Plum and pear trees shade park benches in Kamloops, British Columbia. Tomatoes and cucumbers burst forth from planters at City Hall in Provo, Utah. Strawberries and carrots flourish along the sunny sidewalks of a Los Angeles neighborhood. The idea that public land could be used creatively to grow fresh food for local citizens was beginning to gain traction when Public Produce was first published in 2009, but there were few concrete examples of action. Today, things are different: fruits and vegetables are thriving in parks, plazas, along our streets, and around our civic buildings. This revised edition of Public Produce profiles the many communities and community officials that are rethinking the role of public space in cities, and shows how places as diverse as parking lots and playgrounds can sustain health and happiness through fresh produce. But these efforts produce more than food. Revitalizing urban areas, connecting residents with their neighborhoods, and promoting healthier lifestyles are just a few of the community goods we harvest from growing fruits and vegetables in our public gathering spots. Taking readers from inspiration to implementation, Public Produce is chock full of tantalizing images and hearty lessons for bringing agriculture back into our cities.There are many fantastic published works on food security, urban agriculture, and food literacy, and the list seems to grow exponentially each year. Listed below are the principal books, papers, movies, and websites that are most relevant to Public Produce. ... Website URLs are current as of April 2014. ... Agricultural Urbanism: Handbook for Building Sustainable Food Systems in 21st Century Cities.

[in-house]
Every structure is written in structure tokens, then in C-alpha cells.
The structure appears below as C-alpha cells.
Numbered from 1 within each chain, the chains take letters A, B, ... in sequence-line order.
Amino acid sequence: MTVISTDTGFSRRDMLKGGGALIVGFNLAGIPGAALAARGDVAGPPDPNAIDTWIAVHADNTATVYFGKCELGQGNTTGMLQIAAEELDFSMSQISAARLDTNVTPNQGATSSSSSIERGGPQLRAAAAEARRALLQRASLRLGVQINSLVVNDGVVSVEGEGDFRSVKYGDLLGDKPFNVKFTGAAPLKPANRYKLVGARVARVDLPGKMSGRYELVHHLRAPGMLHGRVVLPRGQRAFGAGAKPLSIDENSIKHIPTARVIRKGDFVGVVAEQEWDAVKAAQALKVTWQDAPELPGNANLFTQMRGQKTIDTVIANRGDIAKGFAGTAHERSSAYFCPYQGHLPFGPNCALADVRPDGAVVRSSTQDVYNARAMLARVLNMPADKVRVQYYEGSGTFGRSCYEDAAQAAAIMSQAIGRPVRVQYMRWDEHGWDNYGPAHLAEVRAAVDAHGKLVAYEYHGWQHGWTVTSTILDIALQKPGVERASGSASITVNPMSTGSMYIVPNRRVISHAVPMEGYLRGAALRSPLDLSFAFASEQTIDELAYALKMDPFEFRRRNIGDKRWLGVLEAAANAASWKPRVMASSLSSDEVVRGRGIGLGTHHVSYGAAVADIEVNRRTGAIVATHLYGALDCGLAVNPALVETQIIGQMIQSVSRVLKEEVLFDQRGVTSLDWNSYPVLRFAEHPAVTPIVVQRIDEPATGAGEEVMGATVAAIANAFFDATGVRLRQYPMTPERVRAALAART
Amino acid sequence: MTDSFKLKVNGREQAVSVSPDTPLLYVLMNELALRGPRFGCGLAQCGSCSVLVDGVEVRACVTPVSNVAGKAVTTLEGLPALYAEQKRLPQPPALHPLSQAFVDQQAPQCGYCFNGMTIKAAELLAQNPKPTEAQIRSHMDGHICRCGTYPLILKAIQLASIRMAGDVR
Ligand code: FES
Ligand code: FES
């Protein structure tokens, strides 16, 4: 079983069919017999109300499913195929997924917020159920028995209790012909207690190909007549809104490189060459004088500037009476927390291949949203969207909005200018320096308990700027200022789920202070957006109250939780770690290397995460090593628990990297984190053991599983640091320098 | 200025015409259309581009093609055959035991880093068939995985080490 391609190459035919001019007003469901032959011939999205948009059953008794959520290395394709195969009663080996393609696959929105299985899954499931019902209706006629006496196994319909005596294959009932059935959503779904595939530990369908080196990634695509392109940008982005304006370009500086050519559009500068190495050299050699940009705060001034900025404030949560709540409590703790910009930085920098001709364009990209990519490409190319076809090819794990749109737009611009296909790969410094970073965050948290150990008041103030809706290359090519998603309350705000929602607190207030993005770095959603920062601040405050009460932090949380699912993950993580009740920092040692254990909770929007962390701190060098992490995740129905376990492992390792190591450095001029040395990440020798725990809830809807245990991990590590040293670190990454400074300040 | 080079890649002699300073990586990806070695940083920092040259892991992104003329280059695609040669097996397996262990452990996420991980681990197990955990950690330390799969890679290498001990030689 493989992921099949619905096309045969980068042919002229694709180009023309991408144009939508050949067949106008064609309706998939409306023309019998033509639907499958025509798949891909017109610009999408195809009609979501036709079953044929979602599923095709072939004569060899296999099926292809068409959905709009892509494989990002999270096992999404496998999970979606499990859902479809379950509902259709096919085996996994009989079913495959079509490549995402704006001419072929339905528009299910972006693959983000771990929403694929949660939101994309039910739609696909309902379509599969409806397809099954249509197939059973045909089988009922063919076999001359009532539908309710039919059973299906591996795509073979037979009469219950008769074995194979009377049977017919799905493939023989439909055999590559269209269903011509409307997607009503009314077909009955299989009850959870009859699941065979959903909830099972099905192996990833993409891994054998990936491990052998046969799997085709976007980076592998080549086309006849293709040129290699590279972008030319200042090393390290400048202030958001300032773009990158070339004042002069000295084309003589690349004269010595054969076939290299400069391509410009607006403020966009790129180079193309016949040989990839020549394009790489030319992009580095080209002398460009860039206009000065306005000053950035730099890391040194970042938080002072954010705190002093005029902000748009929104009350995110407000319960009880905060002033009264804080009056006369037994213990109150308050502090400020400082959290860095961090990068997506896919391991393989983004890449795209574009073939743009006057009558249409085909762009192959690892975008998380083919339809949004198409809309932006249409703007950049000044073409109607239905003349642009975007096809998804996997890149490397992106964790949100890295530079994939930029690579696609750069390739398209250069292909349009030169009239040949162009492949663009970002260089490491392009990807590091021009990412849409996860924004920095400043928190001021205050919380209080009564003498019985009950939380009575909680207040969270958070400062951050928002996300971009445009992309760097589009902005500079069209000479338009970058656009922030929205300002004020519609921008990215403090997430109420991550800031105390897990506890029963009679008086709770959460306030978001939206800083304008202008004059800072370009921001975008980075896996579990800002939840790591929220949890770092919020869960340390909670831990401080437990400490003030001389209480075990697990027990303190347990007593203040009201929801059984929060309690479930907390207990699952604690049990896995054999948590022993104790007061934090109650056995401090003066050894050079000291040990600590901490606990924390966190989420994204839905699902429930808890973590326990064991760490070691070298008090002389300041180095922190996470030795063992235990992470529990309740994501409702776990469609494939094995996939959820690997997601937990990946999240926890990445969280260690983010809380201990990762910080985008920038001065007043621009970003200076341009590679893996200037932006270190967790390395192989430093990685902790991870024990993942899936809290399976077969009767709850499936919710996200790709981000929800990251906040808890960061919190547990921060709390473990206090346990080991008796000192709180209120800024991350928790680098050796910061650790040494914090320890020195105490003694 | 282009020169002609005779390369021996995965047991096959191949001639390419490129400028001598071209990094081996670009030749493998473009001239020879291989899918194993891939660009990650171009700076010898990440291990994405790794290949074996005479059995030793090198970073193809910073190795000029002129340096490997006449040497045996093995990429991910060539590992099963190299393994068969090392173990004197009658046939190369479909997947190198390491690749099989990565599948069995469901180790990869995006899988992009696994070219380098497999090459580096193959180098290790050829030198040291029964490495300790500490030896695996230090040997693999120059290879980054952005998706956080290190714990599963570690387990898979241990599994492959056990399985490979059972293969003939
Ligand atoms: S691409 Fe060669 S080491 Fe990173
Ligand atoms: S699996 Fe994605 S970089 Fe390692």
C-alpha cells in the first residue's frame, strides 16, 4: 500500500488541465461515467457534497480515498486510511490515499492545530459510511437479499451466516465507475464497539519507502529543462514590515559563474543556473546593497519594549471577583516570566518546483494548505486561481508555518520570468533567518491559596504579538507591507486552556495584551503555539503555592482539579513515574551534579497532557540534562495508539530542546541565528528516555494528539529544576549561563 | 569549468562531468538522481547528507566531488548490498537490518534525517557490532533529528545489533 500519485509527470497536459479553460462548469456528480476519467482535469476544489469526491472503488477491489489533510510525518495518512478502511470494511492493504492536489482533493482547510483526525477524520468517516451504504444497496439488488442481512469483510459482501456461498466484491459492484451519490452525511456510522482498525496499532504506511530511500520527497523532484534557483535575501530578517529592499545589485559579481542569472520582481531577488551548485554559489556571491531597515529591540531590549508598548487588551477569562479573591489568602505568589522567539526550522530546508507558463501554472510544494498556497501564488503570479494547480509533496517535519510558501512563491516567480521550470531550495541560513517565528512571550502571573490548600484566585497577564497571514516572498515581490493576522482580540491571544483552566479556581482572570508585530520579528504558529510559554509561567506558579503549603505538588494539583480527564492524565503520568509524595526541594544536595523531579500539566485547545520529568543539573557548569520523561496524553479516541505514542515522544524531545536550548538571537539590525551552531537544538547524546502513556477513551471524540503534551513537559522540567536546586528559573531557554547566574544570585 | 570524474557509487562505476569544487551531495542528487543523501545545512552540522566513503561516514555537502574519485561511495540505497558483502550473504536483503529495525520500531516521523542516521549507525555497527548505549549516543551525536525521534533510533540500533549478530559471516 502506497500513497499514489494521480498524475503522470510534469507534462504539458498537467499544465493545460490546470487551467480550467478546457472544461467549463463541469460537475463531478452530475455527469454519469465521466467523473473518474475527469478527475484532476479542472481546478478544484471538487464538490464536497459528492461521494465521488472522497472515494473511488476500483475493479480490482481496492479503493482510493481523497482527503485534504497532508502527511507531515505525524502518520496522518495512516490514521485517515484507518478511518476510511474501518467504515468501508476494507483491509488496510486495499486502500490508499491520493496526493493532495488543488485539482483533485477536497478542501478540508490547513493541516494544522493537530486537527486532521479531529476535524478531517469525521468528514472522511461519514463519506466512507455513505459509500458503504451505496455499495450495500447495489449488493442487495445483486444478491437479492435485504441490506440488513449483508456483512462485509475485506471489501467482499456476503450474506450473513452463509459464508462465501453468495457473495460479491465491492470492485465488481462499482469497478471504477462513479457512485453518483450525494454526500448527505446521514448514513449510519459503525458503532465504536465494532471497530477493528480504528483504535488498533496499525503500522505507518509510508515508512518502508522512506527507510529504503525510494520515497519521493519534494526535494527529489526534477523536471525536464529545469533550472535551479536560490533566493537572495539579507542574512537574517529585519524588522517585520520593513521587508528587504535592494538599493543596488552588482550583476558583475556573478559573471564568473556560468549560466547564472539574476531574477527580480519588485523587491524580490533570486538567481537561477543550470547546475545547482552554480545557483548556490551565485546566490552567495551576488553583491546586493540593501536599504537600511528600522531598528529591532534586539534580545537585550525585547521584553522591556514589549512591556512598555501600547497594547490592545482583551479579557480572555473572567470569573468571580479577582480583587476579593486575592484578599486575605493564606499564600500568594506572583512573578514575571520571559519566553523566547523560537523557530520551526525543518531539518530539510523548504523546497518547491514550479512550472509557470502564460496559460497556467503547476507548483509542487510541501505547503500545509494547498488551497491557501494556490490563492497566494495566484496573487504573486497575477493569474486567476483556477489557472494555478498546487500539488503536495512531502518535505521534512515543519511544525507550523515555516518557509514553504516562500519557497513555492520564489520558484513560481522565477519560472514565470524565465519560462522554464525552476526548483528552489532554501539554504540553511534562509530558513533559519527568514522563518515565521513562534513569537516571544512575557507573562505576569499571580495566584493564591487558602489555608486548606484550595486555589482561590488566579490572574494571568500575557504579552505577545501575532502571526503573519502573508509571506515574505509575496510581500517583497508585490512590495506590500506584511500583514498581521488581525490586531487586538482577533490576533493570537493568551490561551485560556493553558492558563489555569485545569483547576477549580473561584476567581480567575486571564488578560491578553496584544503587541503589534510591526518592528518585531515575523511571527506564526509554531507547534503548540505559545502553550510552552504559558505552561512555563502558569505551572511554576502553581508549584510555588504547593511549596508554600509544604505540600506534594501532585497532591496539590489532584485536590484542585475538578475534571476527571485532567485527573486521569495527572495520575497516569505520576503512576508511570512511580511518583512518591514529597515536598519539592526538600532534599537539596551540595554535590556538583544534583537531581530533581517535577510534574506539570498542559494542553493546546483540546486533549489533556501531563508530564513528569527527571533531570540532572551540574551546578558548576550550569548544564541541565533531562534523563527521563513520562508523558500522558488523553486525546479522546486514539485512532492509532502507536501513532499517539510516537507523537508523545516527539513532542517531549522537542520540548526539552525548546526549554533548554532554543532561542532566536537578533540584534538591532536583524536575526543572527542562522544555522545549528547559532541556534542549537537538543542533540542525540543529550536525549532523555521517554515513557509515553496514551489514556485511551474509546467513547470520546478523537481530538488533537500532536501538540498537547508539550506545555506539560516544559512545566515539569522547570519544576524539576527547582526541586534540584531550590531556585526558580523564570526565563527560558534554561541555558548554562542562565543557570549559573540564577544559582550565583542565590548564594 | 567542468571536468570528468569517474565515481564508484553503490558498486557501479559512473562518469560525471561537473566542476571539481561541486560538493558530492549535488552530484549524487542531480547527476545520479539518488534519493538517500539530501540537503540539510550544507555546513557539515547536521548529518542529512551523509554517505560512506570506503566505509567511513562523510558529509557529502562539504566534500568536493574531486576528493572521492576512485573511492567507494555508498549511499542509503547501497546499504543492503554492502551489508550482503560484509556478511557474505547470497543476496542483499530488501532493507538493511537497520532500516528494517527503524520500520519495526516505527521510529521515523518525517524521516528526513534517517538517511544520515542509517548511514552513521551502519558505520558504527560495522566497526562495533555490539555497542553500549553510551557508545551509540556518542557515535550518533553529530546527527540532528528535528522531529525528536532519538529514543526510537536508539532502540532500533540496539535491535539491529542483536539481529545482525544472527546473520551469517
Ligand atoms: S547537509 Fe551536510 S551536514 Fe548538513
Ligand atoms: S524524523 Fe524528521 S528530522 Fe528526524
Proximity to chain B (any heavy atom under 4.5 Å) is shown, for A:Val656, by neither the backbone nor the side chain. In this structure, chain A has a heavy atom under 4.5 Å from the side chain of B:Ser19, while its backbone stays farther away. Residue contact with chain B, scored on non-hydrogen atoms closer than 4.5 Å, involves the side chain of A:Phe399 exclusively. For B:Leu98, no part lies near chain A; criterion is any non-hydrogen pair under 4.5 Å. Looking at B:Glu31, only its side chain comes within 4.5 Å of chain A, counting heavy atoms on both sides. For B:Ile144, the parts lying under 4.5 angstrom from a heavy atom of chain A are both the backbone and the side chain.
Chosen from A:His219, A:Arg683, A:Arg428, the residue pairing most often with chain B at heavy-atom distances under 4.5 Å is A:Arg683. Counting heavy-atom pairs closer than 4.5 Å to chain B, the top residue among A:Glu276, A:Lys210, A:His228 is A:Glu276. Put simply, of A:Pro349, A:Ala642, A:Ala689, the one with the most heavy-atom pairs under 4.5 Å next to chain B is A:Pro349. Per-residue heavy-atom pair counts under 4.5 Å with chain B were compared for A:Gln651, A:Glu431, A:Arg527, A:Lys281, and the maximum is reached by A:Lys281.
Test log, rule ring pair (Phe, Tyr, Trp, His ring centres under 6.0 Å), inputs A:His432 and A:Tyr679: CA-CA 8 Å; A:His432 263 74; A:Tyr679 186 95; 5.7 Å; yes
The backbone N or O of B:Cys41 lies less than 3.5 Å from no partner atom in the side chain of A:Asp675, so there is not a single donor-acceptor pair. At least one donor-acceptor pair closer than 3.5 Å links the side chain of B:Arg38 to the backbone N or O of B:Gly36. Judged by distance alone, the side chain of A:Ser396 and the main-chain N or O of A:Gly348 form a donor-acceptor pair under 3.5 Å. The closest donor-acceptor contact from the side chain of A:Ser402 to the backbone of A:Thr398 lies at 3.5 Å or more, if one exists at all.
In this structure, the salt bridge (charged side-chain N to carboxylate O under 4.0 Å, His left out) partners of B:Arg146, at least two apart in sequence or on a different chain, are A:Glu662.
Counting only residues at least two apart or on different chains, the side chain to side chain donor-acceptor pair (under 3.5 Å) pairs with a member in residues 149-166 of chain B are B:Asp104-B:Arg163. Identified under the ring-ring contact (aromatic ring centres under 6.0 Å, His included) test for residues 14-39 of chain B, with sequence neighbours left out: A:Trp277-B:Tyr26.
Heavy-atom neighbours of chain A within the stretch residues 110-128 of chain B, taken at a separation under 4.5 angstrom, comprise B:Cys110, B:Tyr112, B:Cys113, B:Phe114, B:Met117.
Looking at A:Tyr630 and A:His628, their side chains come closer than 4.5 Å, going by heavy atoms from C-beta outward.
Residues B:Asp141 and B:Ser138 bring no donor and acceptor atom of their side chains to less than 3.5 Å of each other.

|Publisher||:||Island Press - 2014-09-29|